In June, I had the wonderful opportunity to go to the Utah Optometric Association’s Annual Meeting and meet with some of the current and former officers of the UOA. These great ODs were willing to share with me what they went through when they learned about the kiosk bill in Utah legislation, and what they feel optometry students need to know in order to keep legislation like this from ever being passed.
I didn’t really understand the ramification that the kiosk bill would have on our profession until I had the opportunity to talk with Dr. Roland Monson, a past president of the UOA. He explained to me how hard he and his colleagues worked to get therapeutic drug privileges and how all of that would be for naught if this bill was able to pass. After talking with Dr. Monson I thought of a similar example concerning all of the children that have a vision screening at their schools, but don’t ever get a comprehensive eye exam because they have always passed their schools vision screening. The same will apply to a kiosk that can produce a glasses prescription. All of the advancements in our profession are of no use if patients don’t come to our offices to be seen.
During my visit, I met with Dr. Mark Taylor, President of the UOA for July 2011 to July 2012, as well as Dr. Russ Purdy, VP of Legislation. These two men were very instrumental in ensuring that the kiosk bill wasn’t even brought to committee during the 2012 legislative session. Dr. Taylor mentioned that part of the reason the kiosk bill was killed before it reached committee was because the UOA had learned from their past mistakes (legislation making glasses prescriptions valid for 2 years), and now had friends in congress that were willing to let the UOA know if threatening legislation ever came up. In Feb 2012, the UOA received a call from a friend in legislation that told them something big might be coming that could change optometry forever. Dr. Taylor and Dr. Purdy jumped into action and with help from the AOA and many other organizations inside and outside of our profession, the kiosk bill was pulled from the agenda.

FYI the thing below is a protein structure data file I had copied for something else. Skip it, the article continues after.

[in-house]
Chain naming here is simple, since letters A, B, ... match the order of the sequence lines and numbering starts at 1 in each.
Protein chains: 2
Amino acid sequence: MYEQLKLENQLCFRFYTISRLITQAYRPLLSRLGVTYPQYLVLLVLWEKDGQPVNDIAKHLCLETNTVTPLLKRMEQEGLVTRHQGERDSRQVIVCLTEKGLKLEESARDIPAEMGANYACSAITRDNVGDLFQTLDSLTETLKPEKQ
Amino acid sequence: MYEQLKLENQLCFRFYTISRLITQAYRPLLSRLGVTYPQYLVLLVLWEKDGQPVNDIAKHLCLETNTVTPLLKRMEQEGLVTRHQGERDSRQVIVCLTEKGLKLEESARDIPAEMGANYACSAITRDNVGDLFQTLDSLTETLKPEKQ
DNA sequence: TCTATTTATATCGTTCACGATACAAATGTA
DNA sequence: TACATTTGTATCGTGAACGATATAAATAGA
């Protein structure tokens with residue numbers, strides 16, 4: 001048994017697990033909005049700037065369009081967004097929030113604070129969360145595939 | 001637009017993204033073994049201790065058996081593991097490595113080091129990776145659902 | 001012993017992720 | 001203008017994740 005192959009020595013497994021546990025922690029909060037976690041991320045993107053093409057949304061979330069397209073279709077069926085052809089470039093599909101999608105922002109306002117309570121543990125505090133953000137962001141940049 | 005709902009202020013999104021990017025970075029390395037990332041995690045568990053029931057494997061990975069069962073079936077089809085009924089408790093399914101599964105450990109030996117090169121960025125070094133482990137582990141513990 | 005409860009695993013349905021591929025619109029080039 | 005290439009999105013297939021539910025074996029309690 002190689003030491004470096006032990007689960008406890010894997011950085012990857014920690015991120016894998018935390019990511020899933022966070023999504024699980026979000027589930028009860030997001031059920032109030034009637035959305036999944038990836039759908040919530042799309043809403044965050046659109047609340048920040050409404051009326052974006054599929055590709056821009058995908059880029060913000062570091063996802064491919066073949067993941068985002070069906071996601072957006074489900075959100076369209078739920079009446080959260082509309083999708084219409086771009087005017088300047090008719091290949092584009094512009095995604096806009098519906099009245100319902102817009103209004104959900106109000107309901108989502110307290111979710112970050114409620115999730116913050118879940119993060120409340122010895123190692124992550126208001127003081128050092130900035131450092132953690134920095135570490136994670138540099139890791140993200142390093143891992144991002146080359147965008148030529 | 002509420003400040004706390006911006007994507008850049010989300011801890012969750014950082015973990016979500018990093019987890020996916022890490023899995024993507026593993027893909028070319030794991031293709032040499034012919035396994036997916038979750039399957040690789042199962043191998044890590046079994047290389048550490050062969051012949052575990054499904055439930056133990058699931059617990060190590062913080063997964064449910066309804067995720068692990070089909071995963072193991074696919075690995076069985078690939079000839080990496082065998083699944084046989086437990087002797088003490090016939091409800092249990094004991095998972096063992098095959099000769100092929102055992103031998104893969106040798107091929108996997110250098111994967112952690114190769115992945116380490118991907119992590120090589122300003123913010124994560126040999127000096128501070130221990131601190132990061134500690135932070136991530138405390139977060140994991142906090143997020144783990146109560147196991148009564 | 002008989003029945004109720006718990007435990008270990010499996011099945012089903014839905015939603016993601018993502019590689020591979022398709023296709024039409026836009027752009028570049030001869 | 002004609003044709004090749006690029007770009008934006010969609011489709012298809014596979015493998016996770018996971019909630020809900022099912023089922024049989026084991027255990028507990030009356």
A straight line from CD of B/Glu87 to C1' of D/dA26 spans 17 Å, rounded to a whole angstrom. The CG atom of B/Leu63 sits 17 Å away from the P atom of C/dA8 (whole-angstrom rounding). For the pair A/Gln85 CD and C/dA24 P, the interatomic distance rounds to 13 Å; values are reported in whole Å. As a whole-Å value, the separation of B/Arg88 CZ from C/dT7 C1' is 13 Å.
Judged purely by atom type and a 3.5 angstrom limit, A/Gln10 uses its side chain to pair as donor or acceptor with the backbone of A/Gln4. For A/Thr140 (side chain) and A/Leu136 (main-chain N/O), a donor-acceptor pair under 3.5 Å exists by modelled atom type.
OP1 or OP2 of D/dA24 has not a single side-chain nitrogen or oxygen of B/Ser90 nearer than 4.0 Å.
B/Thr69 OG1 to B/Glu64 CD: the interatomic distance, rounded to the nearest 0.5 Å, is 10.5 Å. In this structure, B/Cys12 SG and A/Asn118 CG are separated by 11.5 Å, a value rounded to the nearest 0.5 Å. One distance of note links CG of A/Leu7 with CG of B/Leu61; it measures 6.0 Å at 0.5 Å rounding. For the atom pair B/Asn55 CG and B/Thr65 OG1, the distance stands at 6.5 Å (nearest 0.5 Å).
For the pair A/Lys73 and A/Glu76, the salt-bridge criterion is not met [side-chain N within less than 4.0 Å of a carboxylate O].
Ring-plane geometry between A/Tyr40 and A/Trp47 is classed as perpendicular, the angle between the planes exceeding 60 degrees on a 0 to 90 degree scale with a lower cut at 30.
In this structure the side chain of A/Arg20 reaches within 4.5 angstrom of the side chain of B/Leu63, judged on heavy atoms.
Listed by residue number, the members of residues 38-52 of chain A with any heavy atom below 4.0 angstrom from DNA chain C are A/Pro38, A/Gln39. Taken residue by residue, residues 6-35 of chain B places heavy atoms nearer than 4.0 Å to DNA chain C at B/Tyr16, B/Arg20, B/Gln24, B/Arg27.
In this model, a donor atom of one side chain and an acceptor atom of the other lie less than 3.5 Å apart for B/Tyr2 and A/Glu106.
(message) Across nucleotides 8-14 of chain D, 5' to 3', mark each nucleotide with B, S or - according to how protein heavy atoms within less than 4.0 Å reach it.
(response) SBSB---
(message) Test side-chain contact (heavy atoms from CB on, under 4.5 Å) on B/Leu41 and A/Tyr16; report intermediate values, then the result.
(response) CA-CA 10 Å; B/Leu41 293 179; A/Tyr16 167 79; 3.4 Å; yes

At the close of my time with Dr. Taylor, he looked me in the eyes and said, “Make sure the students know how important it is to support your state PAC and the AOA PAC. We got so much help from so many people to defeat this bill, we can’t let it pop up anywhere else.” It is believed that 1800CONTACTS was the driving force behind the kiosk bill. Well Point Health Insurance based out of Indiana and Solo Health (Kiosk Company) based out of Georgia are the two companies affiliated with 1800CONTACTS that Dr. Taylor warned might want to get a kiosk bill of their own passed.
I want to invite everyone who reads this article to learn more about how to get involved with your state optometric association and the AOA. I can promise you if you become involved, you will never regret it and the wonderful people you meet along the way will become some of your greatest advocates.
Check out this great article by Ben Emer about having an impact on our profession.